Thanksgiving Food from Around the World
Thanksgiving is a worldwide celebration. It’s a time of family and traditions in every country. The food is phenomenal. The variety, the choices, the difference. It’s all good! Let’s have a look at the different Thanksgiving foods of the world.
Jamaican Curried Goat:
It’s not the most traditional Thanksgiving dish, but curried goat is a spectacular Jamaican option for those who are sick of turkey or want to give their guests a unique red meat. Plus, goat is surprisingly healthy. It contains much less fat than beef and even skinless chicken. It needs to be cooked at a low temperature to help the flesh retain its natural flavor and tenderness, so be sure to reserve plenty of cooking time.
Baklava is a Mediterranean dish that will complement everything on your Thanksgiving dessert menu. Its enjoyable but not too overwhelming. It’s made with layers of phyllo pastry soaked in butter, chopped nuts and mouth-watering spices. The sticky concoction is baked and drenched in sweet syrup.
Salata de Varza:
Your taste buds deserve a treat other than a regular green salad; coleslaw done Romanian-style — known as salata de varza — might be the change you’ve been looking for. It’s close enough to traditional coleslaw not to offend those who have less adventurous palates, yet light enough to complement your meal without going overboard. It’s the perfect fit for Thanksgiving feasts looking for an international kick. It’s easy to make and doesn’t have to go in the oven, like so many other Turkey Day dishes.
If you are Latino, many Thanksgiving tables are piled high with tacos, burritos and other related foods. Using authentic flour and corn tortillas, you too can incorporate standard ingredients such as cheese, beans, ground beef, shredded chicken, pork and tomatoes into a burrito station. Or, you and your fellow diners can fill tortillas with traditional Thanksgiving offerings, such as turkey and stuffing to make it semi-traditional.
Beans and Rice:
Cuban-style beans and rice are as versatile as they are tasty. Plus, they’re not nearly as unhealthy as the rest of your Turkey Day meal is likely to be! For many Cubans and Cuban-Americans, a celebration simply isn’t a celebration without beans (black or red or both) and rice.
Very popular in India and parts of Asia, tandoori chicken is a great way to add some extra pow to your meal. Plus, you don’t have to constantly keep basting it like turkey. In comparison with Jamaican curry goat, Tandoori chicken is equally spicy but a bit less saucy, and its flavor comes from a light marinade applied to the meat’s surface.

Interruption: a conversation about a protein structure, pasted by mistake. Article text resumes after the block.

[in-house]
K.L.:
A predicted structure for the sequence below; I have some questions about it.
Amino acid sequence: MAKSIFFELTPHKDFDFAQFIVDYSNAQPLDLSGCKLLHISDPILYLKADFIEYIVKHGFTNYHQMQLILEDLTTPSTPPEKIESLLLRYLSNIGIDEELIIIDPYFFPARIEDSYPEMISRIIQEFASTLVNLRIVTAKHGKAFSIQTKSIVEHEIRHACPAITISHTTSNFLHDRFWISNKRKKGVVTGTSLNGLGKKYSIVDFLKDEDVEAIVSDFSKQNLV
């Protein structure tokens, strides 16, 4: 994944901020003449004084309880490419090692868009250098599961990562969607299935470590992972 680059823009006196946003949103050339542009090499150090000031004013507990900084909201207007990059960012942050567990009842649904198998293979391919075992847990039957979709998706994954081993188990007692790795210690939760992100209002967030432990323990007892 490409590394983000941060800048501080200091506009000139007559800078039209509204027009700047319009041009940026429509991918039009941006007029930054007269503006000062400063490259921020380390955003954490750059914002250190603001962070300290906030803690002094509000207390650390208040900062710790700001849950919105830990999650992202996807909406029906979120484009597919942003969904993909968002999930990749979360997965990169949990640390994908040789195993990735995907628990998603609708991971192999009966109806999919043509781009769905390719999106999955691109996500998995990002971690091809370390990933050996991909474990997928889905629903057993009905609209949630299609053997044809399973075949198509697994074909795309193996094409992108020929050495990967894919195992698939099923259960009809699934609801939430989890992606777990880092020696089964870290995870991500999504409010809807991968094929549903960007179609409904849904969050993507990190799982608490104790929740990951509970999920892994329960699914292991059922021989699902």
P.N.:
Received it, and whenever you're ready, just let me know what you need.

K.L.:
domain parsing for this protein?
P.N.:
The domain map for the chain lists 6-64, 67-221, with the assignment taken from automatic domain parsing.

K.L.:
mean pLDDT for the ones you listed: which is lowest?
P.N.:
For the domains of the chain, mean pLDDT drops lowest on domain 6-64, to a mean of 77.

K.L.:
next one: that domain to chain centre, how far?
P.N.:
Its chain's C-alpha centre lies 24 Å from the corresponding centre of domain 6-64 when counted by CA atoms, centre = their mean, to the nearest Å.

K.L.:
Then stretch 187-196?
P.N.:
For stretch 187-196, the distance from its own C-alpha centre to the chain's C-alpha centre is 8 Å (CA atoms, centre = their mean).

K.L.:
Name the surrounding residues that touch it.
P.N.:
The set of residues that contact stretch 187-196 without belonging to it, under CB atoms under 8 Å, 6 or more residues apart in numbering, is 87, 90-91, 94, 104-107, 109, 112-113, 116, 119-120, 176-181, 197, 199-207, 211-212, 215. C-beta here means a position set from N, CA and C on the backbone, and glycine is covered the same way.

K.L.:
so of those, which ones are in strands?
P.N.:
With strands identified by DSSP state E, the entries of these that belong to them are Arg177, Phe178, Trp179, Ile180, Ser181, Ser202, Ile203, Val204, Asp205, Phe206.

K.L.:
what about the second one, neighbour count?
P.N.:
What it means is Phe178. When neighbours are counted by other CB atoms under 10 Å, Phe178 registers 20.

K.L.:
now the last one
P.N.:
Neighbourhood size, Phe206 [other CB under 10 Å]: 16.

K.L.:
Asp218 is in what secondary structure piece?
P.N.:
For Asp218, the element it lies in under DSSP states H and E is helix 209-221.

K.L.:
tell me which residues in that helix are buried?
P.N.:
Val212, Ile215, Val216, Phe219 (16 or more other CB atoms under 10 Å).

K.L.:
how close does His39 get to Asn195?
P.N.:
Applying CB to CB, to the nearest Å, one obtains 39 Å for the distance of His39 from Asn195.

Couscous is more than just a dish with a name that’s fun to say. It’s easy to make, and it can be adapted about a ton of different ways and for as many different purposes. Technically, couscous is a grain by nature, though many people confuse it with pasta thanks to its similar consistency and taste. The distinction is pretty minimal, since both pasta and couscous are made from semolina (a granular form of durum wheat). The only difference is that couscous’ grains are crushed and pastas’ are ground.
Chicken and noodles go wonderfully together in soup, so it makes sense that turkey and lo Mein would complement each other on the Thanksgiving table. Recipes for lo Mein vary, but they typically include fresh Chinese noodles, light and dark soy sauce, sesame oil, bamboo shoots, cabbage, chicken broth and bean sprouts. Of course, all these ingredients offer unexpected but complementary tastes to traditional Turkey Day flavors.
Spelled many different ways, Doro watt is a chicken stew that will warm up even the coldest Thanksgiving days. Although it’s a traditional Ethiopian dish, this particular stew is a great way to ease people into African cooking because it closely resembles many North American stews in texture and appearance. However, it’s spicier and includes whole hard-boiled eggs.
It’s not a secret that Italian cooking is hugely popular all over the world. This is particularly true in North America, where there seems to be an Italian eatery on every corner, and the pizza business is thriving. Better still, lasagna – one of Italy’s most famous dishes — is a perfect addition to any Thanksgiving table, regardless of the eaters’ national origin. Even people who are picky when it comes to ethnic cuisine aren’t likely to turn down a pan of fresh lasagna!